Leadership of the Whites

The White Armies appeared to have a number of advantages in the Civil War:

  • Their leaders were experienced military commanders
  • They controlled huge areas of Russia
  • They had the Bolsheviks surrounded
  • They had the active support of foreign countries, which intervened in the Civil War on their behalf.

However, as the Civil War developed, the White Armies began to face major problems and difficulties in organising their campaigns. Against the drive and ruthless energy of the Bolsheviks, their campaigns faltered. By the end of 1920, the Bolsheviks were close to achieving total victory.

White Army weaknesses

The Whites had a number of weaknesses that led to their defeat.

Divided leadership

While the Bolsheviks had Lenin as their leader, no one person was in charge of the White forces.

Leaders of the White Russian forces: Yudenich, Kolchak, Deniken, Wrangel

The Whites had several leaders - Yudenich, Kolchak, Deniken and Wrangel. All wanted glory for themselves. While trying to defeat the Reds, they were also often in competition with each other. They were all ambitious men and each was determined to take control of Russia for himself.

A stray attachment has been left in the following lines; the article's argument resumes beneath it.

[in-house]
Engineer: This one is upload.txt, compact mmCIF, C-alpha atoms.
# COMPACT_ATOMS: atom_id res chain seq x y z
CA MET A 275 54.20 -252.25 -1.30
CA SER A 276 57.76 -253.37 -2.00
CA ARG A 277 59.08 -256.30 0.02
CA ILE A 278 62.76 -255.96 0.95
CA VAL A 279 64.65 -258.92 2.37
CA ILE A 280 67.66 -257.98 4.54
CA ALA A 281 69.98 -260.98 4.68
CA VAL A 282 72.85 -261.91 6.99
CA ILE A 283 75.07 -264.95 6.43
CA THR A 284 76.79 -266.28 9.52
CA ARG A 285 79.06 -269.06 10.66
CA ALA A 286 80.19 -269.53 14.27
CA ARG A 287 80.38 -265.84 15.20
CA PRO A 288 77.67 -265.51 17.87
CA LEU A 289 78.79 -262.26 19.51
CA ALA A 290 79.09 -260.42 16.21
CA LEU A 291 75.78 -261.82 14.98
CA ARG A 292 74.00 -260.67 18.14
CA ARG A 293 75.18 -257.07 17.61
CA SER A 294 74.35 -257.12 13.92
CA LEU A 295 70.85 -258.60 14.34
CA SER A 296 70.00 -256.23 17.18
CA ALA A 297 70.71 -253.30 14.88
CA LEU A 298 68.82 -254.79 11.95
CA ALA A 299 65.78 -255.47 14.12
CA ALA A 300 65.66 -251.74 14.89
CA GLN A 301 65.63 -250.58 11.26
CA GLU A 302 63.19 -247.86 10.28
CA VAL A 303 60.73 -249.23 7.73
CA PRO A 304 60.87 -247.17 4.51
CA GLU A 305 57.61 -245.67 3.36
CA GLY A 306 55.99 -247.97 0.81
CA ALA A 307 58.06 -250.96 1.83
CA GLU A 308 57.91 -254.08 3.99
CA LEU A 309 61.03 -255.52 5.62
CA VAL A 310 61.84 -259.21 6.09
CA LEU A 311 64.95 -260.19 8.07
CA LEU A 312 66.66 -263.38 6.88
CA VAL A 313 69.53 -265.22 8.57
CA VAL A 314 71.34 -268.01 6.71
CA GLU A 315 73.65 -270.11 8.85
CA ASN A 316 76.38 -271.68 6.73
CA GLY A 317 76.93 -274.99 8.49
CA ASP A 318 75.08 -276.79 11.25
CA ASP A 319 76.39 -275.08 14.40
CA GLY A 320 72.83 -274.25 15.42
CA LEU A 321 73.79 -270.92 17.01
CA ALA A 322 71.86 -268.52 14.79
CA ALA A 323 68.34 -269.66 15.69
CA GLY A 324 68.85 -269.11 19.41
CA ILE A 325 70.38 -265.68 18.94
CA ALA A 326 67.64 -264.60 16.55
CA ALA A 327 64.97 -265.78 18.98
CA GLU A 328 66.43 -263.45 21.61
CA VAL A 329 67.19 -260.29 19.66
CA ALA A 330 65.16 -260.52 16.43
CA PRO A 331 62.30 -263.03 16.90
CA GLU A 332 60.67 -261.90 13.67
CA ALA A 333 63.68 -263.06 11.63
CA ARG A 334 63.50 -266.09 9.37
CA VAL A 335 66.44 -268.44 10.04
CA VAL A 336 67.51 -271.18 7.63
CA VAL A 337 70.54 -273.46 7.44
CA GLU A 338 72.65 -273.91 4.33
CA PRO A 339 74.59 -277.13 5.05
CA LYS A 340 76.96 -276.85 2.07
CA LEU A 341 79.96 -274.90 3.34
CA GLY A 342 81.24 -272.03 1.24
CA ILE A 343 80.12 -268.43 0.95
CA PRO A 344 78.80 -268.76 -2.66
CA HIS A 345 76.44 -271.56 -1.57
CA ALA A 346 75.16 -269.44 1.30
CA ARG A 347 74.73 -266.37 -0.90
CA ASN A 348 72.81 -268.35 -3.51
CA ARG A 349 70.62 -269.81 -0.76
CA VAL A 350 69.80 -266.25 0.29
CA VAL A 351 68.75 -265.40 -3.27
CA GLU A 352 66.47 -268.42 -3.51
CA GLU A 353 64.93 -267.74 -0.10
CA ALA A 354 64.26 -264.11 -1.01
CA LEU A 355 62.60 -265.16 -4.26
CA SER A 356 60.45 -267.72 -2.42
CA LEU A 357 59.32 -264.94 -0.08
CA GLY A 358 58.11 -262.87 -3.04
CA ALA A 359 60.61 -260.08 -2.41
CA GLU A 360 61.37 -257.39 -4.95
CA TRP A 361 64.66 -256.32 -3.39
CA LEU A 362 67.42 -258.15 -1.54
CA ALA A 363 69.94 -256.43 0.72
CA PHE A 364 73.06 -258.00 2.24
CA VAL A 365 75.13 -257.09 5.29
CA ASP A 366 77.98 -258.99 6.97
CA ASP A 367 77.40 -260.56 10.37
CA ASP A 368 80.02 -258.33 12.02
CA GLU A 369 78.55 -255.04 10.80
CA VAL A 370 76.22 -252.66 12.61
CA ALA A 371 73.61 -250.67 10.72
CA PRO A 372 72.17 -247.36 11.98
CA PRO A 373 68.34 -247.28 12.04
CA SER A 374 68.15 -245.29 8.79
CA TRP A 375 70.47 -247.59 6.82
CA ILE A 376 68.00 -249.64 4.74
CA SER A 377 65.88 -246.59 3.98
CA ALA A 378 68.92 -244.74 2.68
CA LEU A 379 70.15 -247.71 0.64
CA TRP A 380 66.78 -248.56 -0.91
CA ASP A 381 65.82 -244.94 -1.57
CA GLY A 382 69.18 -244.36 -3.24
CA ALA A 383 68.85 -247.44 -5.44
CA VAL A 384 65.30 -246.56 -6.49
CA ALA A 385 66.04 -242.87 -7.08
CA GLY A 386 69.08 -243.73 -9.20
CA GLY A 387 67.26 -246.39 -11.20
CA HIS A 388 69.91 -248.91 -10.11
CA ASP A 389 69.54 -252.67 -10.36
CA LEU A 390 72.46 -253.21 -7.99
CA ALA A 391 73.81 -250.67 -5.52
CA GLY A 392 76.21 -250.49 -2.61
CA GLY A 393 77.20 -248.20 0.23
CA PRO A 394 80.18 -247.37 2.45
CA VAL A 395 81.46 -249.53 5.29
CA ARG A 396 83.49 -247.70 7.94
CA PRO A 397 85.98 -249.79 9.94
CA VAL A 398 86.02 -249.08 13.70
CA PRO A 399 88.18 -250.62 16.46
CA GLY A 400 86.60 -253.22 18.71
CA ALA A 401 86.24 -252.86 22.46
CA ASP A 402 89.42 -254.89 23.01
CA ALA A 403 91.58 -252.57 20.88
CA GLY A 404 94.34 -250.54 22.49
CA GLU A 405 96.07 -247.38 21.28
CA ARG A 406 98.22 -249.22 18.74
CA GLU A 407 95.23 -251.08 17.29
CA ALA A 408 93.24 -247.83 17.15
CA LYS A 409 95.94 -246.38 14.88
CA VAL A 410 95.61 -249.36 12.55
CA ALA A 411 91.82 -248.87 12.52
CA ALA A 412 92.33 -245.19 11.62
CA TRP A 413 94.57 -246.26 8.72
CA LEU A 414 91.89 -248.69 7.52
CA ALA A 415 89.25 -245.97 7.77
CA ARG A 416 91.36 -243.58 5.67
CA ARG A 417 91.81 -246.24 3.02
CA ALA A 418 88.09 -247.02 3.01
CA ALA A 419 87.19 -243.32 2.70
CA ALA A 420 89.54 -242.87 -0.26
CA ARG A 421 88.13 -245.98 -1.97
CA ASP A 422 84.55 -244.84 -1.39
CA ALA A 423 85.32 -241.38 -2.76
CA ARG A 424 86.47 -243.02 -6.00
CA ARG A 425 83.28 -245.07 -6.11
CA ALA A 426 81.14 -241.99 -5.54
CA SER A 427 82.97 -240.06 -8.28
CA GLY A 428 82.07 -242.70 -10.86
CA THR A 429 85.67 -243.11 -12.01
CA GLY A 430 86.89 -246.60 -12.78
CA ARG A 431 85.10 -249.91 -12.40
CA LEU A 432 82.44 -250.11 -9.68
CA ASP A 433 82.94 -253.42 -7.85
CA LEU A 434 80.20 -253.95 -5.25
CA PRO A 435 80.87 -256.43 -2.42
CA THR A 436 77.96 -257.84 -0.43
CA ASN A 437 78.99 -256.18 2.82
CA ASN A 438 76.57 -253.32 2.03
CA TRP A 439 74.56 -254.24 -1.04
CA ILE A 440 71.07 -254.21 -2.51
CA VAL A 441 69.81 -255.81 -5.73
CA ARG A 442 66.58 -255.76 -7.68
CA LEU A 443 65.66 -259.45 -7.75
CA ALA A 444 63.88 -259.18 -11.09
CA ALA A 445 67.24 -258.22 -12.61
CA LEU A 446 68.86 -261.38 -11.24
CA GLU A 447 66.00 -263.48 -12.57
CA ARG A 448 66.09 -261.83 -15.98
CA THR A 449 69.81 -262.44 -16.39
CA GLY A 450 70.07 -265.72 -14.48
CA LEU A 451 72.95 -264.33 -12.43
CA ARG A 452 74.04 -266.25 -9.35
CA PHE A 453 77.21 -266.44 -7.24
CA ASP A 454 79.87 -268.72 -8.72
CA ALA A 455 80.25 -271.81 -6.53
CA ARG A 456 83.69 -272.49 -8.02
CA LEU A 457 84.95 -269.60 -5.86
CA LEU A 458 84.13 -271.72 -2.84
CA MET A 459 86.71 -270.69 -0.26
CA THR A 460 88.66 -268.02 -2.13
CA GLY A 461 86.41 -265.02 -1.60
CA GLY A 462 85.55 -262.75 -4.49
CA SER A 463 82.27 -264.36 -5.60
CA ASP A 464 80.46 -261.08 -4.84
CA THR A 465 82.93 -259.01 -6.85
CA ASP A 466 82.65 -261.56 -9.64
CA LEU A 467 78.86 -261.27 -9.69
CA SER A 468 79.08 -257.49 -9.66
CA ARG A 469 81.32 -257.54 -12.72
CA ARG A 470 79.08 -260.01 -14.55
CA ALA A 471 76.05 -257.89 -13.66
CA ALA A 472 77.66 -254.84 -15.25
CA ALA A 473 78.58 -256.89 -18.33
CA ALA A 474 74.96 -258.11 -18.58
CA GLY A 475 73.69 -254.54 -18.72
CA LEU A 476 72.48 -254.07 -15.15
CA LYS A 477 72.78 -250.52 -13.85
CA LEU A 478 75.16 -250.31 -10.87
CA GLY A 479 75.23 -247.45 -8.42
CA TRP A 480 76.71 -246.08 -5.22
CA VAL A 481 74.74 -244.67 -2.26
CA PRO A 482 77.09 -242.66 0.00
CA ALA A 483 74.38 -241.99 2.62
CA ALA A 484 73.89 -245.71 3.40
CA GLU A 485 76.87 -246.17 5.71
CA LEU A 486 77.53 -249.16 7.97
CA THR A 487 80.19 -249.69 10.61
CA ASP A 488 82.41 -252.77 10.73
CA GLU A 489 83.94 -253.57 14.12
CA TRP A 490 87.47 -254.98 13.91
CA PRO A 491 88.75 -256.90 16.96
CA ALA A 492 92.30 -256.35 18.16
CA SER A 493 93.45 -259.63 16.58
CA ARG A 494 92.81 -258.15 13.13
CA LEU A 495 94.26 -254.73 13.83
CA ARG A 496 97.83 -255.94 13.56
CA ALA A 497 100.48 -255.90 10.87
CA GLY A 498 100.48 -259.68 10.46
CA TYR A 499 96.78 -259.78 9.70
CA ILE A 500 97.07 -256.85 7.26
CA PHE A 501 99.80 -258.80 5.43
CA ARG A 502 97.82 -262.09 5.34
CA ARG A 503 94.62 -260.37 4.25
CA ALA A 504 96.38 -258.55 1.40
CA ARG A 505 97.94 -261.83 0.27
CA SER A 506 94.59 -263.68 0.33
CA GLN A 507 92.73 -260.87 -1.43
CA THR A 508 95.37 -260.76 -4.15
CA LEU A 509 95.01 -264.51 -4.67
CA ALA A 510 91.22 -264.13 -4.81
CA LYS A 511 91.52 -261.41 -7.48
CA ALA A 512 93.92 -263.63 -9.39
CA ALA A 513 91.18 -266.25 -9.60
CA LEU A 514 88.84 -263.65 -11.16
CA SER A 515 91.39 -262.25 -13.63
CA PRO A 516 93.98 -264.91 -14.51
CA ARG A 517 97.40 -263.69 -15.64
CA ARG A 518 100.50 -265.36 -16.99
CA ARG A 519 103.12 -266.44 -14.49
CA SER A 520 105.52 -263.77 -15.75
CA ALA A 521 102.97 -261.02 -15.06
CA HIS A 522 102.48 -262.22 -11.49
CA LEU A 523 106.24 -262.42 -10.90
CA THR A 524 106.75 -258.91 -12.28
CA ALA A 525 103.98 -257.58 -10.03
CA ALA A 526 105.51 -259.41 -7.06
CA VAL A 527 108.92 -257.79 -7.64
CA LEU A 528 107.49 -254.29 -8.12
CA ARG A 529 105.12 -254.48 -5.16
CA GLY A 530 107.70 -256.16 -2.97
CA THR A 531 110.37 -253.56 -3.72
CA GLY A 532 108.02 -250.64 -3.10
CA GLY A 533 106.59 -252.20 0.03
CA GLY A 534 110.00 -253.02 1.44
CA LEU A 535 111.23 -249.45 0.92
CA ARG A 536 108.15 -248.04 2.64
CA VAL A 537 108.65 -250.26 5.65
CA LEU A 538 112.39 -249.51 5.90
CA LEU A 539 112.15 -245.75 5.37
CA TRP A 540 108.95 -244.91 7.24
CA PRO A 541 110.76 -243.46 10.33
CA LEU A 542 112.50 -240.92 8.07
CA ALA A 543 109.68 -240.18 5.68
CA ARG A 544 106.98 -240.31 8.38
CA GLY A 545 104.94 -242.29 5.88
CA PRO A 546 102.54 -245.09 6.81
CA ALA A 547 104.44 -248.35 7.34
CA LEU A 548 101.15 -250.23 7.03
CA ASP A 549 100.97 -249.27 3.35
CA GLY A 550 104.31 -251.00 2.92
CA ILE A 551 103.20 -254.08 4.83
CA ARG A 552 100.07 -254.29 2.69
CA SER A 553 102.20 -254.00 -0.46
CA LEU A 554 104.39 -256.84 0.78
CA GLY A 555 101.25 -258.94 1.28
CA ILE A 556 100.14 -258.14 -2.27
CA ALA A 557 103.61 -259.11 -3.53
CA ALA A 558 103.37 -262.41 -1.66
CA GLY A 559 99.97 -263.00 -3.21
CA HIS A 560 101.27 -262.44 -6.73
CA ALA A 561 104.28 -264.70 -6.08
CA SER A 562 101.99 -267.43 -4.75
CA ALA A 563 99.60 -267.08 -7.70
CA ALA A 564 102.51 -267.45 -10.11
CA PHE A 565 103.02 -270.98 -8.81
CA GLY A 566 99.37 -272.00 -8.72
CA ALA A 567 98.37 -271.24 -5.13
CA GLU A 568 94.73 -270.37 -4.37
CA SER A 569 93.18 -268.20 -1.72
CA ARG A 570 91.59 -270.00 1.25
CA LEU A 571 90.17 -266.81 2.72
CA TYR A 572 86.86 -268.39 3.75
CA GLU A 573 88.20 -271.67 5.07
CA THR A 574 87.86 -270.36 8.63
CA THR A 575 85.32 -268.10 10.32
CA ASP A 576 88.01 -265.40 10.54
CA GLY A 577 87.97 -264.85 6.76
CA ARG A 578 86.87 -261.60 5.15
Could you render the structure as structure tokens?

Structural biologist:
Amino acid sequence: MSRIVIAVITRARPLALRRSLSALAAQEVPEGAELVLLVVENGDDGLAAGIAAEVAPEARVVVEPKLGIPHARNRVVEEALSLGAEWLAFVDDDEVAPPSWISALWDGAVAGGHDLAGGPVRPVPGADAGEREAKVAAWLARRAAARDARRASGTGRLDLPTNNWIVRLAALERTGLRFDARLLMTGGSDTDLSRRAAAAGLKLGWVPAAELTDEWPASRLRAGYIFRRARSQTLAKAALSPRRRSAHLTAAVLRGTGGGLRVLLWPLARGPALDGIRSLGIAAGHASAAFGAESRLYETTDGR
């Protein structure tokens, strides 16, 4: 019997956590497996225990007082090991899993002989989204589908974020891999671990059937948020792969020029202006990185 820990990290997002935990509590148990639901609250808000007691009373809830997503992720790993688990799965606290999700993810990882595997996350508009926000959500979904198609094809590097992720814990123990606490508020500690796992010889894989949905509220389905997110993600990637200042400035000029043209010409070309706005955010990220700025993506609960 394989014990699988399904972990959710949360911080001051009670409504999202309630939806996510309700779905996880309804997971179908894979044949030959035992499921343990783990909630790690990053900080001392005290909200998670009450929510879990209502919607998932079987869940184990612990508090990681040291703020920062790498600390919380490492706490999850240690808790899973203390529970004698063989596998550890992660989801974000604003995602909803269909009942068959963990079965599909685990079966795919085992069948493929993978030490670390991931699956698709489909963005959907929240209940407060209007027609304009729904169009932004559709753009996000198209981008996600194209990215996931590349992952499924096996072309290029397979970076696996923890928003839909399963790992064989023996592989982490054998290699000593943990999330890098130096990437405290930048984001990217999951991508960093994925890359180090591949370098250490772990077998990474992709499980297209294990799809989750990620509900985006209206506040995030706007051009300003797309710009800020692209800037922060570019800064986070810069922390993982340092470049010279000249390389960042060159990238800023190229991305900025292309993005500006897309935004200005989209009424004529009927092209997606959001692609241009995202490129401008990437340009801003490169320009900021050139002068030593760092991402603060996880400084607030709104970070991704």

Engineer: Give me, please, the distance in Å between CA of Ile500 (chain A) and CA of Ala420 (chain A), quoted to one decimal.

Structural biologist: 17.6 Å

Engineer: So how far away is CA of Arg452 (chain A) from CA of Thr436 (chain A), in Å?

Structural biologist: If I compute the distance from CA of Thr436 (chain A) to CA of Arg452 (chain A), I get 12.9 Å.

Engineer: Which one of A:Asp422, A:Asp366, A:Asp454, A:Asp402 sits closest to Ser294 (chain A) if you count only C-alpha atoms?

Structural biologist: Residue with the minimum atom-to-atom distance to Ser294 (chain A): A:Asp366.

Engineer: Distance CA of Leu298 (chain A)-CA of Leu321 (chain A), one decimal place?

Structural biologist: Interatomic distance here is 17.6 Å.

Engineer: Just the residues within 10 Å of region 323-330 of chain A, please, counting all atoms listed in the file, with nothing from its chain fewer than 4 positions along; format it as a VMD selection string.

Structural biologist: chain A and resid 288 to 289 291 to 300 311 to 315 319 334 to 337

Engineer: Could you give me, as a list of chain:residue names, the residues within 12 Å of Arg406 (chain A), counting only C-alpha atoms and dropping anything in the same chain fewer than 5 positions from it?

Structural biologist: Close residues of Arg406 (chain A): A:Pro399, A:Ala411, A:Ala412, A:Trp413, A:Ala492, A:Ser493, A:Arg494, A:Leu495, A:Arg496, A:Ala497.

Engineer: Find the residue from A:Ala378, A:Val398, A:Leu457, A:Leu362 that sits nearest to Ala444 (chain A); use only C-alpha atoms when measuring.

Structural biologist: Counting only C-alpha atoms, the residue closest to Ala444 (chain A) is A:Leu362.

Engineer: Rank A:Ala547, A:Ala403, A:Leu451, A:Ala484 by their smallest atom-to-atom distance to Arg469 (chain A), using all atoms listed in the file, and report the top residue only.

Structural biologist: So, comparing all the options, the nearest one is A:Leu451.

Deniken and then Wrangel were concentrated in the south, while Admiral Kolchak was in the north-east and Yudenich in the west. They were so far apart that they were unable to coordinate attacks.

As a result, there was virtually no co-operation between the various White Armies. They fought independently and this made it easier for the Red Army to defeat them individually.

Brutality and corruption

White Army forces often behaved with great brutality and cruelty in the areas they controlled. Towns were burned, property destroyed or stolen, and crops and livestock were taken by force. If civilians objected, they faced torture and execution. Inevitably, the Whites became hated and feared.

Corruption was widespread in White-controlled areas. White soldiers looted shops and houses, and were often drunk. A black market was created for goods originally intended to help fight the war.


The Bolsheviks were fighting for a very definite cause - the establishment and survival of a communist Russia.

The Whites, however, had problems motivating their troops and building up support. Why should soldiers face death simply to make Kolchak or Yudenich master of Russia?

Moreover, some Russians feared that foreign intervention would bring an end to Russian independence in the event of White victory. As time passed, more and more soldiers deserted from the White Armies.

Given the choice between the Bolsheviks and the Whites, it was hardly surprising that Bolshevik support increased dramatically.